Today we’ve a post from FCBG Executive member and school librarian Chris Routh, in which she explores the different ways of sharing stories in secondary schools.
“Last year was the first year that I attempted to make a focus of National Share-a-Story Month in the secondary school where I work. I presented a whole school assembly about the importance, benefits and enjoyment of sharing stories for all ages. In celebration of the oral tradition, I showed a beautifully animated version of A Story, A Story by Gail Haley (sadly no longer available), which explains how Anansi the spider-man tricked the Sky God into giving him all the stories of the world. Members of the Y7/8 Book Club were also invited to attend a lunchtime sleepover, where they shared some of their favourite bedtime stories. Nobody complained that what we were doing was too babyish. In my experience, secondary aged students enjoy revisiting experiences and books from their childhood as much as adults do.
While it seems quite natural and fitting to share stories on a daily basis with preschool and primary aged children both at home and at school, it is perhaps a less common experience for many young people at secondary school. National Share-a-Story Month provides the perfect opportunity to redress the balance and this year’s Dragon theme has been perfect for all ages!
Looking back over the time I have been a secondary school librarian, I realise that stories about dragons have always been amazingly popular and more than often it has been the students who have recommended them to me rather than the other way round. It’s thanks to their suggestions over the past few years, that we now stock books by Chris D’Lacey, Christopher Paolini, Cressida Cowell and even George Martin, whose books were recommended by a sixth former after borrowing the Game of Thrones series from his father. I believe that making recommendations and enthusiastic book-talk is a very powerful and valid way of sharing stories.
School book groups provide a ‘safe place’ for established readers to share their passion about reading. We don’t always read the same book together, but when we do, I often read the first few chapters to them to help them ‘get into’ the book. Nothing can beat reading aloud. Students in older groups have sometimes elected to read aloud in turn, many proving to have a real talent for multiple voices, intonation and pace. It can be a great way to help a group with different reading tastes and abilities to commit to a new book. Reading play scripts together has also been incredibly popular with some groups – often resulting in just a little bit of silliness and quite a lot of side-aching laughter.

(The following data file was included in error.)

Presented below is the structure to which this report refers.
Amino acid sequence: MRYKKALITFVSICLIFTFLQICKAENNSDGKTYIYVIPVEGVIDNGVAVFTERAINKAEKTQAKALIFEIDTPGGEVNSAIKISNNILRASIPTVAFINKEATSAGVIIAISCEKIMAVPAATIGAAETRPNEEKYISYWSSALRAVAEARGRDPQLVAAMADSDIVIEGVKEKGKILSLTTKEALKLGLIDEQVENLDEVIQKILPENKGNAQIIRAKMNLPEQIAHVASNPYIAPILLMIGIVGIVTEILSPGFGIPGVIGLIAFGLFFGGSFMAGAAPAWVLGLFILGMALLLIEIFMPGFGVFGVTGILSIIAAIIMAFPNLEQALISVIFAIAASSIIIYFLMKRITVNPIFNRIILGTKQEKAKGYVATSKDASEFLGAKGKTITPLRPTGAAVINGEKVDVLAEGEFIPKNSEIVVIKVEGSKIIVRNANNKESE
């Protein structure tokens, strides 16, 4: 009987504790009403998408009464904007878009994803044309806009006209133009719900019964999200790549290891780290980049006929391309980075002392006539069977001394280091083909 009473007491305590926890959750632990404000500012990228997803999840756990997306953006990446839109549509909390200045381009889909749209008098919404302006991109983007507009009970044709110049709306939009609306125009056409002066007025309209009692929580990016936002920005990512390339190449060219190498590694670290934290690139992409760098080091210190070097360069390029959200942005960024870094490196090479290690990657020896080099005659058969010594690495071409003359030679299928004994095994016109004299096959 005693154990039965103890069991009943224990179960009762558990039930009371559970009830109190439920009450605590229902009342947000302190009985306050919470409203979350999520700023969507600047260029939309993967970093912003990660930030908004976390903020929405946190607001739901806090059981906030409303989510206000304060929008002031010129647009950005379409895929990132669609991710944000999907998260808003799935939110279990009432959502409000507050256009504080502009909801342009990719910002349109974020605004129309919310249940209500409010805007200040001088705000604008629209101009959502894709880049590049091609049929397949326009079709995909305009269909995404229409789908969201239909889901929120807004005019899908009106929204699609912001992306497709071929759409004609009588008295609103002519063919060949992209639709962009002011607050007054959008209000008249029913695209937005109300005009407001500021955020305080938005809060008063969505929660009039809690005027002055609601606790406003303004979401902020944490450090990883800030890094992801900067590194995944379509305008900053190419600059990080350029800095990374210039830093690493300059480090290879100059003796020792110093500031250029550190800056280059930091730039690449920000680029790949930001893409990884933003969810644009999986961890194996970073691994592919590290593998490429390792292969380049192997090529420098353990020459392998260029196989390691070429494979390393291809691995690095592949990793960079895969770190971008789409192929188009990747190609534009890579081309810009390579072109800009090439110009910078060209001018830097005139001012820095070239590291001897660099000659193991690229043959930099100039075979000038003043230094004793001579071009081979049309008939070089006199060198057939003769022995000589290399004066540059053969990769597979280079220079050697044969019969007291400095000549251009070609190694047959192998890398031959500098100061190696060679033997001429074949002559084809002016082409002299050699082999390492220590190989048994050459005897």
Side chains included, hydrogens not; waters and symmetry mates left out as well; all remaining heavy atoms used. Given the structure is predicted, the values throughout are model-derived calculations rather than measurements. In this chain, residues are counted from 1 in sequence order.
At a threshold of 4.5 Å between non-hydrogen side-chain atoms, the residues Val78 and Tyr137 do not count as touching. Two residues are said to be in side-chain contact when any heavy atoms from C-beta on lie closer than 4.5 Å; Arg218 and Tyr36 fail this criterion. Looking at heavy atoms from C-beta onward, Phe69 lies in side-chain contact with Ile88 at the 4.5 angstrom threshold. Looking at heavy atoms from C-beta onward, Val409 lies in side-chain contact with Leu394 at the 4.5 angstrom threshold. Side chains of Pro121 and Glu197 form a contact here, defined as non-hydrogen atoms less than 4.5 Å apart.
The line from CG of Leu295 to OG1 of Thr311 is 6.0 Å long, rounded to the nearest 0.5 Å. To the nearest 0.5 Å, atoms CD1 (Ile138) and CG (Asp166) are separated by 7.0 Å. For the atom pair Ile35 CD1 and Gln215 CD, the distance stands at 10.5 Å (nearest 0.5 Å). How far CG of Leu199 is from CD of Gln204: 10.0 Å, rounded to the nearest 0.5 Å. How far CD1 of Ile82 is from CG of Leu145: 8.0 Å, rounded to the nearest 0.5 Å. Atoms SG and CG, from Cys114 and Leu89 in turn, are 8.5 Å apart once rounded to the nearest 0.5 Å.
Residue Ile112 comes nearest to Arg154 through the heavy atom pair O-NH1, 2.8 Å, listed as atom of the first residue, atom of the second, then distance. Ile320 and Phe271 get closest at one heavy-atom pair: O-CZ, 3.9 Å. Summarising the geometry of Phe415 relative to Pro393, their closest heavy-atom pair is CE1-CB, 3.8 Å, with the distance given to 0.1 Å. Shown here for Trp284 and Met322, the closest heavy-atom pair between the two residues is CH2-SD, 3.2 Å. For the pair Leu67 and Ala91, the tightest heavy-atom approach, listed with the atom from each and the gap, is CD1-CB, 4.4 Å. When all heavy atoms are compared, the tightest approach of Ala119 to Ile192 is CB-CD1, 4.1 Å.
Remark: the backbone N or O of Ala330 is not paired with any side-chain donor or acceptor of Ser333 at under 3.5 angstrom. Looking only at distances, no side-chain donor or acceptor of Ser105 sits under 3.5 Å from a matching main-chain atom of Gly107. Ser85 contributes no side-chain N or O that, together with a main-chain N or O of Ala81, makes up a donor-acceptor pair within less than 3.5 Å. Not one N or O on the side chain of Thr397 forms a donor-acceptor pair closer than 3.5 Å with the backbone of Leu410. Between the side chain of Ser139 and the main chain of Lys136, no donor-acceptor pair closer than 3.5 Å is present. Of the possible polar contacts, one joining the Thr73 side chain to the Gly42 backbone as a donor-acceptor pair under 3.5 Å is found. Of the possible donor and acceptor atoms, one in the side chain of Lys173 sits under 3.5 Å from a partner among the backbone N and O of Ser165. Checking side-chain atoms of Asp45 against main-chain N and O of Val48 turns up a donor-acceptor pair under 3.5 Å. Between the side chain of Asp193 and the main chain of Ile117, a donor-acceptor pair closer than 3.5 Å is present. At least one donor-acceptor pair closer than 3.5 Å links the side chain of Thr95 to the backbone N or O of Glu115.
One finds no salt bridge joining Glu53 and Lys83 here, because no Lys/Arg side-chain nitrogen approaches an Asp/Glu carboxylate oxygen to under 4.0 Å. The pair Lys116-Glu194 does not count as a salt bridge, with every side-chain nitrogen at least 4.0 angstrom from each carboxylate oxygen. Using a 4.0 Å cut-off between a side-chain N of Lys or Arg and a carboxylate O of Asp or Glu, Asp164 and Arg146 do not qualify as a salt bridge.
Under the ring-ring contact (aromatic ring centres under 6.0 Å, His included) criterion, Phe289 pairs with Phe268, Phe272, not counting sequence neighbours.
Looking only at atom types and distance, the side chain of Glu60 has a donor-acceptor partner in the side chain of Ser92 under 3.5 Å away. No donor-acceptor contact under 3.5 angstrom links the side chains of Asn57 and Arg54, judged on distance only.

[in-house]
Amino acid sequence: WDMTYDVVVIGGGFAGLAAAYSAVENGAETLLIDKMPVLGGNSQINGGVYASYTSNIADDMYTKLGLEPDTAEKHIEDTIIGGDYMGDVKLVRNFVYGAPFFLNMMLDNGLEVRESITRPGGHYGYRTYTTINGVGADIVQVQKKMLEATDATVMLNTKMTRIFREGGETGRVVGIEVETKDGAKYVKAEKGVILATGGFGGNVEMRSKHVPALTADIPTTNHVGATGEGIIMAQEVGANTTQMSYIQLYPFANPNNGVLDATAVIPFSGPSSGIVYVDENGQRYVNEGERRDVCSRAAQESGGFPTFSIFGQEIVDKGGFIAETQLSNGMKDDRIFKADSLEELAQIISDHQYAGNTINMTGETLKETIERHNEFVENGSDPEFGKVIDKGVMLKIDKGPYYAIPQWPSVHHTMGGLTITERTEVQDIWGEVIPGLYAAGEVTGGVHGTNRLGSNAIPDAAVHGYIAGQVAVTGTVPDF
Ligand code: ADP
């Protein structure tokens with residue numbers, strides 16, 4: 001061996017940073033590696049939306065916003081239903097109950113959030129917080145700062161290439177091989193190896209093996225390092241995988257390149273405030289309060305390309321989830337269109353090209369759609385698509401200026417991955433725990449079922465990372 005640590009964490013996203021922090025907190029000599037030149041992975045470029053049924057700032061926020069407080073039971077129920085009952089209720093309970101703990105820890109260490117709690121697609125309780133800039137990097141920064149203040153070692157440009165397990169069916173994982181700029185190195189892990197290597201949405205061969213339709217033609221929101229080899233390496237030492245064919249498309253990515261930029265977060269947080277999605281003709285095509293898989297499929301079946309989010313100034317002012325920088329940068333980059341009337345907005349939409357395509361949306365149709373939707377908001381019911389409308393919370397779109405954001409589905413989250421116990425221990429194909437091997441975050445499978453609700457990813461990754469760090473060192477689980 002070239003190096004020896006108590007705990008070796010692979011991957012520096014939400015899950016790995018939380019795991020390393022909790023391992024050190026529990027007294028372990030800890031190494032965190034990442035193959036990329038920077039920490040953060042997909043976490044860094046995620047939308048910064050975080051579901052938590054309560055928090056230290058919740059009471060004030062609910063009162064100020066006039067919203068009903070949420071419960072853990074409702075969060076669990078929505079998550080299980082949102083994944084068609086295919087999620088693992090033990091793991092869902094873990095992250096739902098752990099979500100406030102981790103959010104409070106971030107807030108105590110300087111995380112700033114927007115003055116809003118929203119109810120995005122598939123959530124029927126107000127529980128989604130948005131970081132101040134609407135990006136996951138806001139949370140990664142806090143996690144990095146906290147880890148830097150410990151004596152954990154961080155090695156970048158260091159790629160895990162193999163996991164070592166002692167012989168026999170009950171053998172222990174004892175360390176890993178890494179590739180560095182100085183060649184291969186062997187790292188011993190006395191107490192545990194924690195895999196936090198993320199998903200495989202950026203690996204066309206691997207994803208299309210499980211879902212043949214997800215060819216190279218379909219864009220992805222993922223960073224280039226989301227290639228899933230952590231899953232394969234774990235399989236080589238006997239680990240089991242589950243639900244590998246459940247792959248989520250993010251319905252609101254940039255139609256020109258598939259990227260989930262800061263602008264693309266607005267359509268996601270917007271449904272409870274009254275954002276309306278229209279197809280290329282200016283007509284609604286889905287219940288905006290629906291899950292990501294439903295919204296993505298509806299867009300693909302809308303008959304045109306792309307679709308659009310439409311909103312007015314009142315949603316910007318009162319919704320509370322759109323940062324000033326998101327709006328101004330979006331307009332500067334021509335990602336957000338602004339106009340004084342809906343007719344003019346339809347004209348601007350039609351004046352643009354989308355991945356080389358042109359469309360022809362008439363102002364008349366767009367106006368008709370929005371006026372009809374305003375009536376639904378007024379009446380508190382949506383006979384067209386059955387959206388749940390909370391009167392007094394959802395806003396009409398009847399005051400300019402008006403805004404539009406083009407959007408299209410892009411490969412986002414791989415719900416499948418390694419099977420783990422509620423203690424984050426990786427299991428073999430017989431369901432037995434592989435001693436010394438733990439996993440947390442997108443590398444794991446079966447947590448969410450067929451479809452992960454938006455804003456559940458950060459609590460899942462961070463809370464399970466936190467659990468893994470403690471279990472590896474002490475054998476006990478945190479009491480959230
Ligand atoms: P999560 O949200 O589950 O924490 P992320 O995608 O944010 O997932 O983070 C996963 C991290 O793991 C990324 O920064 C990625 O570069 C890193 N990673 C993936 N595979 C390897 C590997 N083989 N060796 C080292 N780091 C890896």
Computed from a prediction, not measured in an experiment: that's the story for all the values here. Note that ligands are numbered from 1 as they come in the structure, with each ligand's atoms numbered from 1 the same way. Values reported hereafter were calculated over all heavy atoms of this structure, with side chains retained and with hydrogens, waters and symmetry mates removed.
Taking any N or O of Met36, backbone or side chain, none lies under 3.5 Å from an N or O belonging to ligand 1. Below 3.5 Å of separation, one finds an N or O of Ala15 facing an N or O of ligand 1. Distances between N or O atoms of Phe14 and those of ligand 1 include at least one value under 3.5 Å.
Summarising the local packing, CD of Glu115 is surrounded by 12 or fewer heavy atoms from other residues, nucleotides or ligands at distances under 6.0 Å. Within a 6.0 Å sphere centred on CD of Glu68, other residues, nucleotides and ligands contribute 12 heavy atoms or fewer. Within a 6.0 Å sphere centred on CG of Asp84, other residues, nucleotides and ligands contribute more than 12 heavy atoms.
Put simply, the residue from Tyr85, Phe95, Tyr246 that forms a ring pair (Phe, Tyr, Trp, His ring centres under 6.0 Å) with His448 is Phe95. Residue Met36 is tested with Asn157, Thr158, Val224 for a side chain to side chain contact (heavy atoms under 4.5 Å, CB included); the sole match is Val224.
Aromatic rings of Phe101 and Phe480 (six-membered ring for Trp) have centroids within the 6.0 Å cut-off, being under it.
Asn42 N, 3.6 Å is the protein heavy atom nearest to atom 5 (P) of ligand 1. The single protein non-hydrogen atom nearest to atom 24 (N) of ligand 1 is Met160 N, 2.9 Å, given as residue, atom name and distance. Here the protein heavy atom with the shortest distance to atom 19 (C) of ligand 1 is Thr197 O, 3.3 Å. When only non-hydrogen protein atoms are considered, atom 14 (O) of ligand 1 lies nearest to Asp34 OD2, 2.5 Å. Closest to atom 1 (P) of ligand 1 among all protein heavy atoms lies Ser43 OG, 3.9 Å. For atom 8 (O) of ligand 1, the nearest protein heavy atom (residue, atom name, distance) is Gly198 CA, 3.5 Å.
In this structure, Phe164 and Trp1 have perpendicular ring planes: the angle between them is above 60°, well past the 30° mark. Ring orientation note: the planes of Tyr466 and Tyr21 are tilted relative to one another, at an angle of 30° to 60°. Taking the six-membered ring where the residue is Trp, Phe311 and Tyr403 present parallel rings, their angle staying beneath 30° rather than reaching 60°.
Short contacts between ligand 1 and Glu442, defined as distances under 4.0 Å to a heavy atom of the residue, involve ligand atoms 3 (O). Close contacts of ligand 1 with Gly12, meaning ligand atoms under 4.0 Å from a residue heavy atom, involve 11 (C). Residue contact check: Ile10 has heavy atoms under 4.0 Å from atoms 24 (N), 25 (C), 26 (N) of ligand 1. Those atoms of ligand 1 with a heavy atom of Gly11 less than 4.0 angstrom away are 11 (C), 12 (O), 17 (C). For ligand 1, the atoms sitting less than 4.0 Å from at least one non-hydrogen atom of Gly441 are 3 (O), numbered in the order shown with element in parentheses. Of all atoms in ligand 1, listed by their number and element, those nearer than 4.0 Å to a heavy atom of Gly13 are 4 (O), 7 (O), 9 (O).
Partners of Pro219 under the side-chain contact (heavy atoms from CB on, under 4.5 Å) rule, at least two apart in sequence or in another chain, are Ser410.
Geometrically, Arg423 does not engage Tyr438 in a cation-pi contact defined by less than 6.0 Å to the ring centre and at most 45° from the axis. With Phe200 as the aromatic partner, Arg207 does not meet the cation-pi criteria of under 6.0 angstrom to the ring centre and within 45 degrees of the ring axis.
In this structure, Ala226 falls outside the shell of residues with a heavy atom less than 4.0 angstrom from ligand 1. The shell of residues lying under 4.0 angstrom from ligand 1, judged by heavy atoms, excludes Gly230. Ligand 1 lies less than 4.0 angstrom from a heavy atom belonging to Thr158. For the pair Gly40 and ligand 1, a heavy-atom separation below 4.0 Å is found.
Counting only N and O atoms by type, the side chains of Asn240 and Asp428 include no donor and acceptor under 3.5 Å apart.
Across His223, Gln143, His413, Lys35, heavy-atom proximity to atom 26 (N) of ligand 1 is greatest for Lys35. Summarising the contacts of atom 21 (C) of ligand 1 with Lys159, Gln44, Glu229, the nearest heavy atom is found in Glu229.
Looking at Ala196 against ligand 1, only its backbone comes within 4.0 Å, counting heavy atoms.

Our youngest students have also enjoyed sharing stories with children from local primary and prep schools. A couple of years ago, as part of a larger project to promote reading for pleasure, a group of Y7 students were challenged to create an activity for Y2 students based on Julia Donaldson’s picture book story about Zog the dragon. The aim was to bring the story to life for their younger audience. With the help and encouragement of their tutor, they wrote a play script about stolen dragon eggs; devised games to engage the children with; created dragon wings, tails and headdresses, plus a knight’s armour and a variety of props; rehearsed and refined their performance; and presented it with great confidence and aplomb on the day as part of a carousel of other story-based activities.
As well as giving our students an insight into what makes a good story, it also gave them the opportunity to experience what it is like to share stories with others. The enjoyment of both the storytellers and their audience was written all over their faces!
Sharing stories is a fundamental part of being human – we are all storytellers and we all enjoy listening to stories of one kind and another. National Share-a-Story Month is the ideal time to reflect on the benefits and joys of sharing stories for young and old alike and to celebrate the fabulous range of stories that we are lucky enough to have at our fingertips.”